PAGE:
I asked for my notes to be read back so that I’d be sure the message went through correctly. The staffer said, “You are in favor of stronger gun control.” I said: “Wait a minute, I gave you more detail than that.” He hung up on me.
Paulsen’s staffer hung up on me, a mom and teacher devastated by Wednesday’s news of a school shooting. And a constituent. He. Hung. Up.
Anne Holzman, Bloomington
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As a resident of Minnesota’s Sixth Congressional District, I’ve elected to receive e-mail updates from U.S. Rep. Tom Emmer concerning issues he considers important to his constituents. These e-mails regularly espouse his concern for the sanctity of life and also the need for enhanced vetting of potential immigrants as a safeguard against criminal behavior. When I asked the staff member who answered the phone when the congressman would be introducing legislation for “enhanced vetting” for gun purchases that may help protect the sanctity of the lives of schoolchildren, I was told the situation was being “monitored.” Yes, monitored.
There is only one word for such negligence and inaction. Cowardice.
Todd Embury, Ramsey
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Polls have long shown that the majority of Americans want common-sense gun controls — closing the gun-show loophole, more extensive background checks, limiting rounds in a magazine clip, rejecting armor-piercing bullets, etc.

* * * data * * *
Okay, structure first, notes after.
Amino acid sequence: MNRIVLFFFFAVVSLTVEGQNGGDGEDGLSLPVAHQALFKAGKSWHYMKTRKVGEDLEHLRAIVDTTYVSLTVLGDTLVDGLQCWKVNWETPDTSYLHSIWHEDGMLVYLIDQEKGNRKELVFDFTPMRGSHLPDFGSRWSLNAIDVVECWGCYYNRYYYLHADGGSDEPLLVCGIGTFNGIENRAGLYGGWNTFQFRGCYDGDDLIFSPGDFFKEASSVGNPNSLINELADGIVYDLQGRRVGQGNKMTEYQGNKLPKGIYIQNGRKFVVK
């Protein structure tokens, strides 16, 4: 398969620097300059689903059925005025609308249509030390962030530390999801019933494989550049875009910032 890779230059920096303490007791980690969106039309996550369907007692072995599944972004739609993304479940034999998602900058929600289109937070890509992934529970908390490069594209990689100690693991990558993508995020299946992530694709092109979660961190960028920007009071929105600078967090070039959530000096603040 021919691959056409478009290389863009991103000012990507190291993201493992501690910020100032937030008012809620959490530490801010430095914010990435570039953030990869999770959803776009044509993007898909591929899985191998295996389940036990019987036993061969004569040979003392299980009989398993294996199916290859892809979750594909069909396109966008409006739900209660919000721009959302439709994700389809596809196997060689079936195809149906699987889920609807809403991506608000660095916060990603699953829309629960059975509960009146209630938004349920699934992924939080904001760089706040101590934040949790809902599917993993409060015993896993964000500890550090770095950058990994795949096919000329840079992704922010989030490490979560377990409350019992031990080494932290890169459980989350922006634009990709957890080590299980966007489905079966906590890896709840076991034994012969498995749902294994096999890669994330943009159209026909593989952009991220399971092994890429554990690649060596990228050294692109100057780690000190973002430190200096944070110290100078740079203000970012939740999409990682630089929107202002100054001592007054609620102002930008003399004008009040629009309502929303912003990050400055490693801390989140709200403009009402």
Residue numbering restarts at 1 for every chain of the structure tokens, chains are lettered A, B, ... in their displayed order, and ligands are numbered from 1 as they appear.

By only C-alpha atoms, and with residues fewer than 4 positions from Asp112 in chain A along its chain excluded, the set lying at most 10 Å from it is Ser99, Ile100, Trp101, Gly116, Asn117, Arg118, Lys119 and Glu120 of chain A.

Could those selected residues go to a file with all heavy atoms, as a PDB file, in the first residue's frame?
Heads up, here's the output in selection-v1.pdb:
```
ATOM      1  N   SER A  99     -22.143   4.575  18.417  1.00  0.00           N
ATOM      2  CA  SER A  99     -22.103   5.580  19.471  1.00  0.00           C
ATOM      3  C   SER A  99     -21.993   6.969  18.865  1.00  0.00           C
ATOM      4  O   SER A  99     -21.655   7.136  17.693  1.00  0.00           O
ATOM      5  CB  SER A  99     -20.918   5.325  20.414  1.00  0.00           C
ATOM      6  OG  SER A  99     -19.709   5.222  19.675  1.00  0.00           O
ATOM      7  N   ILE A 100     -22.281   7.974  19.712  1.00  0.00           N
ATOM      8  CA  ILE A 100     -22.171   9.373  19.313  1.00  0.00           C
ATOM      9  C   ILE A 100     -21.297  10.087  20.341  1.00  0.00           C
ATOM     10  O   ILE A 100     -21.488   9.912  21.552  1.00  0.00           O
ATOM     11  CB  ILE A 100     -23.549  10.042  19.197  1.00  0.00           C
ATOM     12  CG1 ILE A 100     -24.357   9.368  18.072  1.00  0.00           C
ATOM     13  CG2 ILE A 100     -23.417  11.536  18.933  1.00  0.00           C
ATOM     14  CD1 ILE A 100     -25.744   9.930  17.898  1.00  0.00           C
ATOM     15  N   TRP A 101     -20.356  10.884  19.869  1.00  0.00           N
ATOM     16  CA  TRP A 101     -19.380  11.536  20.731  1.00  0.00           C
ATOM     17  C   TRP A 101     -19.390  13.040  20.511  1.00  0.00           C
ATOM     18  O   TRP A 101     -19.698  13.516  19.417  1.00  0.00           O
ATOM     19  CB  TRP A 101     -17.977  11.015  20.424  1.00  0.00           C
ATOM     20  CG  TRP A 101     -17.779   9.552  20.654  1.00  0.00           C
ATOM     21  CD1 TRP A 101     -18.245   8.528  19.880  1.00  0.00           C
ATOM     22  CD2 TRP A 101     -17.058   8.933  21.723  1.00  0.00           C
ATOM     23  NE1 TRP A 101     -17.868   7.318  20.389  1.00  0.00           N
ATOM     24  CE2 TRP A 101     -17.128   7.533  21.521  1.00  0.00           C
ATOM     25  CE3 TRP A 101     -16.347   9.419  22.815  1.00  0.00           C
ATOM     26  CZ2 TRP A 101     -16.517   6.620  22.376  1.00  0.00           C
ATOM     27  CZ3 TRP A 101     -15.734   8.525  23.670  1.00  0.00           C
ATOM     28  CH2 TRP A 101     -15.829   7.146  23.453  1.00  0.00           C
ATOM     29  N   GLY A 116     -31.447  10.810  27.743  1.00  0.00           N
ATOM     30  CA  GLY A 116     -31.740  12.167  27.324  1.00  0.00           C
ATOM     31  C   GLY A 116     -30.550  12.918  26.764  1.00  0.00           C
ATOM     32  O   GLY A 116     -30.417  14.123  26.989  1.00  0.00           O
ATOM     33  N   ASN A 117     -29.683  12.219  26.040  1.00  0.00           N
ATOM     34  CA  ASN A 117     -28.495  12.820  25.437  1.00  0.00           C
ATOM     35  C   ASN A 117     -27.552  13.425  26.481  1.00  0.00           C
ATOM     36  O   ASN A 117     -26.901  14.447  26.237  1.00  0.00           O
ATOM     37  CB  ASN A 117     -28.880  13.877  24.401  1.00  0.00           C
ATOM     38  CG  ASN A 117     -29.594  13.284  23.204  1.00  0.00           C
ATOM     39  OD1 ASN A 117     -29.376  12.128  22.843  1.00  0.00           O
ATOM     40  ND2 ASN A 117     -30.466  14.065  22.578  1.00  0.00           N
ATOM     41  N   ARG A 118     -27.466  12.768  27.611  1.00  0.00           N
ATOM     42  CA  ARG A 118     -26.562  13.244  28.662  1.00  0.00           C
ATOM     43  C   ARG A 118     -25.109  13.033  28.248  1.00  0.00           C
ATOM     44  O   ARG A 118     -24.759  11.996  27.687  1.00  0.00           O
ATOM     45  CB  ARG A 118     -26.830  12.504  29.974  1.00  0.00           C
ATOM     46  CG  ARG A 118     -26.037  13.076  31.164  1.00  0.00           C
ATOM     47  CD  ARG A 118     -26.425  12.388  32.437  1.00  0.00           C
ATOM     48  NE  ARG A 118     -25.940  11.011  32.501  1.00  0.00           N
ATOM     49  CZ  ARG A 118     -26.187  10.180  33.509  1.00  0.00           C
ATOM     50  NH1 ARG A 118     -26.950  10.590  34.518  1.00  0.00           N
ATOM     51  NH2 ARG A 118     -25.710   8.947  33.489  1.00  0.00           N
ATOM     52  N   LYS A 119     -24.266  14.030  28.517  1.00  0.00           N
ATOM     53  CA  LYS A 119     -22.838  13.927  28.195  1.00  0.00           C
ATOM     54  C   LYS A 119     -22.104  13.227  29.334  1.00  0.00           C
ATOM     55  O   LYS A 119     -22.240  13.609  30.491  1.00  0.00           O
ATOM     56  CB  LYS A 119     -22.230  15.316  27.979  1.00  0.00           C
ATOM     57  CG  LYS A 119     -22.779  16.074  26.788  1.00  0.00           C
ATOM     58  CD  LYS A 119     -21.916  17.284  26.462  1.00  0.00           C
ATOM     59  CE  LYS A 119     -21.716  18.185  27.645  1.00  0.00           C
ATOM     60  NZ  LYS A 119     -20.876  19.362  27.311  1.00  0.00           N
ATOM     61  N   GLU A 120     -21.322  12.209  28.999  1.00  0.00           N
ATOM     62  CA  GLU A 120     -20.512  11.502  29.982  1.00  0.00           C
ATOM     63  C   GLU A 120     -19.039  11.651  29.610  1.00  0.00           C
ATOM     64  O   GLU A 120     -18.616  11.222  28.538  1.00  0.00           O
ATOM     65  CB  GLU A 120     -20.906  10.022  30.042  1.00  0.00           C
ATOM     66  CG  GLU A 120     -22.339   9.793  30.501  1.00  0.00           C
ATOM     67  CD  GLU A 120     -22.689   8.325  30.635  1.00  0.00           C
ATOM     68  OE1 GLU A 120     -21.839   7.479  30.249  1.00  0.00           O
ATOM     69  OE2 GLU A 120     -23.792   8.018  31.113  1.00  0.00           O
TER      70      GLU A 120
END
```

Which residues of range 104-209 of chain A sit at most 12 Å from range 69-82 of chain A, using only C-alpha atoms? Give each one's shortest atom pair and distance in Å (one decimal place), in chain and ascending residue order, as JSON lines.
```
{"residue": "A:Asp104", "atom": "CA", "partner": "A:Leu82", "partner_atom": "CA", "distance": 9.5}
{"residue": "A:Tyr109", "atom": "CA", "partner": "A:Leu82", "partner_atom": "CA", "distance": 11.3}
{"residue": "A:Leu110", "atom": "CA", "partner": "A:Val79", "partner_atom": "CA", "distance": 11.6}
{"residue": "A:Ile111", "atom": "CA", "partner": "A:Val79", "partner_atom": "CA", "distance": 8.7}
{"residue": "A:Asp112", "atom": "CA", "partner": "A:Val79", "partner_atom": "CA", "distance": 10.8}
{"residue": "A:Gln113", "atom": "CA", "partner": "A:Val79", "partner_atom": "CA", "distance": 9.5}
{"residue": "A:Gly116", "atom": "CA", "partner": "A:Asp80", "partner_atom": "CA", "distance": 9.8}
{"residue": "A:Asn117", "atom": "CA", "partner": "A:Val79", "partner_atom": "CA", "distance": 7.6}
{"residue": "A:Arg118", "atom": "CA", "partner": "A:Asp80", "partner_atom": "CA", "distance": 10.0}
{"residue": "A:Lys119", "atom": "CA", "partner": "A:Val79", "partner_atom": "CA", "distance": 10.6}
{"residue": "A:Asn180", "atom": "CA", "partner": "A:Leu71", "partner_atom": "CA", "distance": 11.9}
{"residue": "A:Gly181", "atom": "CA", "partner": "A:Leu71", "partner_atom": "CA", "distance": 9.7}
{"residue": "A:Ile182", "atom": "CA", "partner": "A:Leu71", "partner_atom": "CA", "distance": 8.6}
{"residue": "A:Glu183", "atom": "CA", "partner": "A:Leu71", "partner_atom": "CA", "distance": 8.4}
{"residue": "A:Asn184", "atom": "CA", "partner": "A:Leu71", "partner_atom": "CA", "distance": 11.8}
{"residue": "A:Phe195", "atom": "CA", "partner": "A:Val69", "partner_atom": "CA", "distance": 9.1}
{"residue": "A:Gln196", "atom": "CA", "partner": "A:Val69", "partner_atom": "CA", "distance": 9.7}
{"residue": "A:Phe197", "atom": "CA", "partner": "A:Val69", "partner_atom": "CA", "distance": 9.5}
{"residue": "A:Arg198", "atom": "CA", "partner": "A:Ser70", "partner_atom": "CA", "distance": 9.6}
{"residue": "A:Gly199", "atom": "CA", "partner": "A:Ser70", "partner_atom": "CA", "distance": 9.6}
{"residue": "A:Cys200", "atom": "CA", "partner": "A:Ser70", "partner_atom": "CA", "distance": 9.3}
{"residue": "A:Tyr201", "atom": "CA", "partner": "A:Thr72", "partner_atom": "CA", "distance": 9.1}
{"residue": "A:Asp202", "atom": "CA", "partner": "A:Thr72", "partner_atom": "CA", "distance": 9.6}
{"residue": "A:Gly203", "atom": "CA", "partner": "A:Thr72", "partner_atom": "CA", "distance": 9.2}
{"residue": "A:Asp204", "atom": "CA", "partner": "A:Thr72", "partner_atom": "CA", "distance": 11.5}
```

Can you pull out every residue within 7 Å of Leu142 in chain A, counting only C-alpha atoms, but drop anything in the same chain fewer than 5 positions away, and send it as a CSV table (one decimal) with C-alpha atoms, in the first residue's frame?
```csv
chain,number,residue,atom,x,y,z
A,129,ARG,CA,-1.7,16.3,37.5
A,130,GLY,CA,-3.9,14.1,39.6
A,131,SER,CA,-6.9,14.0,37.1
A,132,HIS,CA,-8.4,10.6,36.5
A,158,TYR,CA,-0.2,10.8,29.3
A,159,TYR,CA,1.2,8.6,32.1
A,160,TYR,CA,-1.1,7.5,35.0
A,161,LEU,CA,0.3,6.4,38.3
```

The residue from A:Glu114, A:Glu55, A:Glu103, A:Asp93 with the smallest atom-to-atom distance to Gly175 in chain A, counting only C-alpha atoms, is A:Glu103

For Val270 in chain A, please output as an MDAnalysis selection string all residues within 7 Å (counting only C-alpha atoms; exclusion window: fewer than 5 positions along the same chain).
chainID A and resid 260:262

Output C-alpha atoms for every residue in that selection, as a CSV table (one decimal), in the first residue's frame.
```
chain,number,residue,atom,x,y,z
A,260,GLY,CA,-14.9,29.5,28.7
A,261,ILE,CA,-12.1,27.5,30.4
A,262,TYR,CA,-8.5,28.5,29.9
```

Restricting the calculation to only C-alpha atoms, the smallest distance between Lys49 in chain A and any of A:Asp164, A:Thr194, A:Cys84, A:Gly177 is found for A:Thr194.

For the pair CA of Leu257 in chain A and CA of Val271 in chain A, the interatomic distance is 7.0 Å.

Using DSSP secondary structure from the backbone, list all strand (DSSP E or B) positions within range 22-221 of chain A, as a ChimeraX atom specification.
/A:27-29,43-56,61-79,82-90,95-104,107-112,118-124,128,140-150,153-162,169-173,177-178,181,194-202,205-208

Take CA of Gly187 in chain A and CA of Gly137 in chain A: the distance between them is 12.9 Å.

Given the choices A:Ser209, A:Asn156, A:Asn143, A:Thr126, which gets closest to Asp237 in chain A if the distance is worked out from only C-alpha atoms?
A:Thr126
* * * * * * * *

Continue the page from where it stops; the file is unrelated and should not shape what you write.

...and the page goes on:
The principle of common-sense gun control had long been embraced by Democrats and the Minnesota DFL.
But that principle was neatly and conveniently set aside when Minnesota Democrats made U.S. Rep. Tim Walz their caucus vote leader in the gubernatorial race. The same Tim Walz who gladly accepted money from the NRA and who proudly touted that organization’s A-plus rating.
If Walz has evolved on gun control — if he really feels the outrage of his fellow Americans — he should use his remaining months in Congress to reflect his evolution and reject everything the NRA now stands for. Failing to do that, he remains part of the problem and should not receive the DFL nomination.
Wes Davey, St. Paul
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If you feel the NRA is at the root of our firearms issue, join it. For $35, you can have a say in its policies.
Just imagine what changes could take place if hundreds of thousands of concerned citizens had a vote on the distribution of funds to their supporting congressional delegates.
Dan Wilkinson, Minnetrista
Editor’s note: The full range of responses to the Florida shooting could not be accommodated in the space of a single day’s Readers Write column. Additional letters will appear in the coming days.